Bank of America has begun moving more than $50bn of derivatives business out of its Dublin-based operation and into its UK subsidiary, according to people close to the operation.
The move, part of the group's global drive to rationalize its operations, has been encouraged by regulators but will also allow BofA to benefit from tax breaks stemming from the accumulated losses in its UK business.
Bank of America, the world's number 10 bank by assets, is currently one of the biggest banks in Ireland. Although its domestic Irish operations are small, it has traditionally routed a large chunk of its European operations – corporate lending and cash management as well as the derivatives book – through the Dublin subsidiary. BofA inherited the operation, MLIB, when it acquired Merrill Lynch at the height of the financial crisis.
But bankers said Irish officials had made it clear they were uncomfortable with such a large book of business being Dublin-based, theoretically posing a risk to Irish taxpayers. At the same time UK regulators were keen to have closer control of Bank of America's European business, whose operational management is in London.
In the boom years many banks flocked to low-tax Ireland, routing Europe-wide business through Dublin. That tax advantage is now diminishing, as the UK cuts its corporate tax rate, with a further reduction to 23 per cent due in April.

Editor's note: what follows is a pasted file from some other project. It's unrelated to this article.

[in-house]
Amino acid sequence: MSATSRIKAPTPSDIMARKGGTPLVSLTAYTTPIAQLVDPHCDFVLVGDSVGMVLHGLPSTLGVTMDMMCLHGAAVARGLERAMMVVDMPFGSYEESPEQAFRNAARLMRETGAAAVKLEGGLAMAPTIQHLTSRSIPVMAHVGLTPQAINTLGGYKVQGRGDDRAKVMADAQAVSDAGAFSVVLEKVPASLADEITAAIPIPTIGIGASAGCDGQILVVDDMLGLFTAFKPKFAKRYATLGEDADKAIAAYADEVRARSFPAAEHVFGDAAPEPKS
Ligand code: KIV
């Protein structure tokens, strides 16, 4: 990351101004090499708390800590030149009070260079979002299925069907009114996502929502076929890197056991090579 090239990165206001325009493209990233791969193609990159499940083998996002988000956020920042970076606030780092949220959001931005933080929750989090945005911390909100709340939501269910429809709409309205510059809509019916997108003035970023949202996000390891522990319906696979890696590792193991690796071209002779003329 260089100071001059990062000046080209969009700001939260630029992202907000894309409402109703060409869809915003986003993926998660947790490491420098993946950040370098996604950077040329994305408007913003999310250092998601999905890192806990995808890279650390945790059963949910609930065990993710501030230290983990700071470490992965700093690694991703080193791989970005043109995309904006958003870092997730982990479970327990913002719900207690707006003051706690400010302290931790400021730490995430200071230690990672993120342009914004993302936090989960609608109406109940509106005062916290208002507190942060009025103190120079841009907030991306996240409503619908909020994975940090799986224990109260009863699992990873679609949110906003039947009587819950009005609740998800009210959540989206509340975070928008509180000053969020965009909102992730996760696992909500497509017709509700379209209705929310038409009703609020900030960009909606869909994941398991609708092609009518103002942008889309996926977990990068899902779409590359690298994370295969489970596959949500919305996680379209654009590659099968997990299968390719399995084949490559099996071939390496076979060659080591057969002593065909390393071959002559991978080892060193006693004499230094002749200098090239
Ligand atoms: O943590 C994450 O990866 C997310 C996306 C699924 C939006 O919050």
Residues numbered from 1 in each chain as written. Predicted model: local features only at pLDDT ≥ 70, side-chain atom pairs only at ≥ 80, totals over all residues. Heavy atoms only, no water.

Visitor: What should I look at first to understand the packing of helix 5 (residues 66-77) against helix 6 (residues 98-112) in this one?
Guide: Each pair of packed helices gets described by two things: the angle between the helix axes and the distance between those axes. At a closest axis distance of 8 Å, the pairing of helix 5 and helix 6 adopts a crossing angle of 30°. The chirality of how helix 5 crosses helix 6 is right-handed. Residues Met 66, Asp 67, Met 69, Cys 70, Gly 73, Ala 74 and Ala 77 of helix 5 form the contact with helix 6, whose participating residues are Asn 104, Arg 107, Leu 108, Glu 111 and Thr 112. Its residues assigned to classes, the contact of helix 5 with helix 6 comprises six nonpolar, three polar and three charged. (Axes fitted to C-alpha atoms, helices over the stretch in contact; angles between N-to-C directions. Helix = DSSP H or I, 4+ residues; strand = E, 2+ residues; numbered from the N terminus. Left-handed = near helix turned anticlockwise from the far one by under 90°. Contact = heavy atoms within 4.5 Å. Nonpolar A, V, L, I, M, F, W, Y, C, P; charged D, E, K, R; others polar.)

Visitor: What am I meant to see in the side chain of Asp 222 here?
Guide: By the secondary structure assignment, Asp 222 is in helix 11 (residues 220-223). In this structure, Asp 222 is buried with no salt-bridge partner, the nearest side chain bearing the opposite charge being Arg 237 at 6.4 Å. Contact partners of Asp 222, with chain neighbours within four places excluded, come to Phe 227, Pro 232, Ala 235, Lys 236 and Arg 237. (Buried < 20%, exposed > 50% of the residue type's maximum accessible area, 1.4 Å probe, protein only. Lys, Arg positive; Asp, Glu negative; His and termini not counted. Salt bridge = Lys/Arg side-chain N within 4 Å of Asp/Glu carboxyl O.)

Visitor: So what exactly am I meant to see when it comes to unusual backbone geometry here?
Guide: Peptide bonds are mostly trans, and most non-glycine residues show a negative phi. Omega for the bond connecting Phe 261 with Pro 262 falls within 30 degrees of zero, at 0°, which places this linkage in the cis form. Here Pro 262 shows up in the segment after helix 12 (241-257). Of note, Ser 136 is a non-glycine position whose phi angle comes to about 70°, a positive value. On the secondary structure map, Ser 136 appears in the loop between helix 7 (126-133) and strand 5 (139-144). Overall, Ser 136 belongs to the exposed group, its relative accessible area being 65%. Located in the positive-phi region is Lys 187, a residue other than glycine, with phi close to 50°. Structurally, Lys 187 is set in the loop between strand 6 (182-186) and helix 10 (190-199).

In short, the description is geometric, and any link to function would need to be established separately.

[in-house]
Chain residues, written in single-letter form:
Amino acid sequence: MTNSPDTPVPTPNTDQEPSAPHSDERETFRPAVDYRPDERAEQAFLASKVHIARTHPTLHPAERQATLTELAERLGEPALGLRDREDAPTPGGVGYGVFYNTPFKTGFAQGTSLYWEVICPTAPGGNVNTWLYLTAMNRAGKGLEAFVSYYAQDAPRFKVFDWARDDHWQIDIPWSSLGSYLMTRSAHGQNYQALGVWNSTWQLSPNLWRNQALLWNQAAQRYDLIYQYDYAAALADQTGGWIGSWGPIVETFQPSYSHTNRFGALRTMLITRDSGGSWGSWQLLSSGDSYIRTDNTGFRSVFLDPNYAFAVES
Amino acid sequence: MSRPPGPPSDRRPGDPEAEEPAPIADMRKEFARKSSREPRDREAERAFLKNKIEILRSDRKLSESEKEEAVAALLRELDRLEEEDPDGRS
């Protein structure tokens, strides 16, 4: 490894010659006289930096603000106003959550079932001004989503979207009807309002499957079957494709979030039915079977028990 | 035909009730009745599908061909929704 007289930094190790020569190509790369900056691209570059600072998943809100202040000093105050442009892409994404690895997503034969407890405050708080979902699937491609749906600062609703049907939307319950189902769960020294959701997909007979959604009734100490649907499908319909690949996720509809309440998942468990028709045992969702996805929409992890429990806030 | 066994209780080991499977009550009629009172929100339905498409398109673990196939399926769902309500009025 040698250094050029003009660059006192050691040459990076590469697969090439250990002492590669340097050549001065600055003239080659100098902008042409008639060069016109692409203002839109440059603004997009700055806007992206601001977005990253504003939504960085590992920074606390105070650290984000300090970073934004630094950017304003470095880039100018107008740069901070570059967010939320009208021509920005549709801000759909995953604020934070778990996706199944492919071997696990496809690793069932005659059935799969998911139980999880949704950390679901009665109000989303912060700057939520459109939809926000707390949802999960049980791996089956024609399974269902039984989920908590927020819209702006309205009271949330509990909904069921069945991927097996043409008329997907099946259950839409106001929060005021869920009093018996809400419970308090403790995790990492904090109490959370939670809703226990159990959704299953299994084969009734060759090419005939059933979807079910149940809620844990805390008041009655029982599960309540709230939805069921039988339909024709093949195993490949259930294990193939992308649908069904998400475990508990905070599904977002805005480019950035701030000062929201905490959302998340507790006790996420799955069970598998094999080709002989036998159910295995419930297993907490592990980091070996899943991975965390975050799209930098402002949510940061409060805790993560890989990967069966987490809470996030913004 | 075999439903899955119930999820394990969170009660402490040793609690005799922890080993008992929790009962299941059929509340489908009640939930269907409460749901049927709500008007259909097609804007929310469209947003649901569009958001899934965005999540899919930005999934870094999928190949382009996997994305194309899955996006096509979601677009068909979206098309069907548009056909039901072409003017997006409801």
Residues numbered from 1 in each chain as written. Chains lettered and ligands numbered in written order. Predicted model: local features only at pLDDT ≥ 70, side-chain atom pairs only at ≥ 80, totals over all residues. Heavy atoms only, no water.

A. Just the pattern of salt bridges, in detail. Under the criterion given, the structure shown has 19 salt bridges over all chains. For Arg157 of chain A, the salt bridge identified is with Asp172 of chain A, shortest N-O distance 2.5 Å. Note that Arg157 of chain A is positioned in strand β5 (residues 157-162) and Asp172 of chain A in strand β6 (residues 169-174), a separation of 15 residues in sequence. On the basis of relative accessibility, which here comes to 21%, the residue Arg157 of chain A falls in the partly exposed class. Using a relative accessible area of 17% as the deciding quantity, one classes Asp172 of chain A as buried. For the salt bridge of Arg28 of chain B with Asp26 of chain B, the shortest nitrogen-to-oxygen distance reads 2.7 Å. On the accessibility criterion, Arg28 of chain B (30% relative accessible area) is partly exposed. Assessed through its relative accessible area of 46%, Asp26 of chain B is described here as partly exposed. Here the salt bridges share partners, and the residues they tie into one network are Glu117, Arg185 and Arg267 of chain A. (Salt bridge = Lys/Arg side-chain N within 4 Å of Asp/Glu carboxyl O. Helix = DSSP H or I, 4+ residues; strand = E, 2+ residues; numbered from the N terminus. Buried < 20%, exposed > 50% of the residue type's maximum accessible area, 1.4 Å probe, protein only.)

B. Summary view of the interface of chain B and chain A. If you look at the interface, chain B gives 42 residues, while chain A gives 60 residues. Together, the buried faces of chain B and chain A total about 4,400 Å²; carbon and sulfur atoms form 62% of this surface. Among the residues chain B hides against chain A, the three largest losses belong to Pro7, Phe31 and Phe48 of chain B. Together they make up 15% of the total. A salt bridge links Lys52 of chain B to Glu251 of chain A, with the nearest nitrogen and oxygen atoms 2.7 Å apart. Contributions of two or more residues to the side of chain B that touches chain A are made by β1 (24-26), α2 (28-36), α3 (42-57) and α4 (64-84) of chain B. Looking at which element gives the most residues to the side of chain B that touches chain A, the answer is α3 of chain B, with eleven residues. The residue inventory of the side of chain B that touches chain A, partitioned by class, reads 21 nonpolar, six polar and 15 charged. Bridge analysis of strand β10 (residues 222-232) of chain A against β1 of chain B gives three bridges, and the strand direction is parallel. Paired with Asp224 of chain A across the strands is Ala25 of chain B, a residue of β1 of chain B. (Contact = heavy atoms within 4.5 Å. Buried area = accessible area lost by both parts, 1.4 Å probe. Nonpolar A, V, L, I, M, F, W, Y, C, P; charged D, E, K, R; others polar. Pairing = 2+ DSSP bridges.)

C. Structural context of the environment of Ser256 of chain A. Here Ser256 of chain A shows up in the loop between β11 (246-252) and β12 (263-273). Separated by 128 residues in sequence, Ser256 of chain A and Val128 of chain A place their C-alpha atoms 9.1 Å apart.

The process of moving the assets, which requires further regulatory approval and the amendment of client contracts, is expected to take at least until the end of 2013. It will be most tax-efficient before April 5 because the value of the tax losses in the UK business will diminish in line with the falling corporate tax rate.
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According to its most recent disclosures, the bank is sitting on more than $8bn of so-called deferred tax assets in the UK, against which it can offset profits to reduce or eliminate its corporate tax bill.
There is added time pressure on the bank to use up its DTAs because their eligibility as core capital will be eliminated by the incoming Basel III capital rules.
Bankers said the move was also driven by the global process of simplifying BofA's structure, which has got under way in earnest over the past year, as the group has gradually been putting its legacy troubles behind it, focusing increasingly on making its ongoing operations more efficient.
Colleagues say Brian Moynihan, the BofA chief executive who some had expected to be squeezed out of his job at various junctures over the past two years – is now looking far more comfortable and confident in his role.
BofA will retain its corporate banking and cash management operation in Ireland.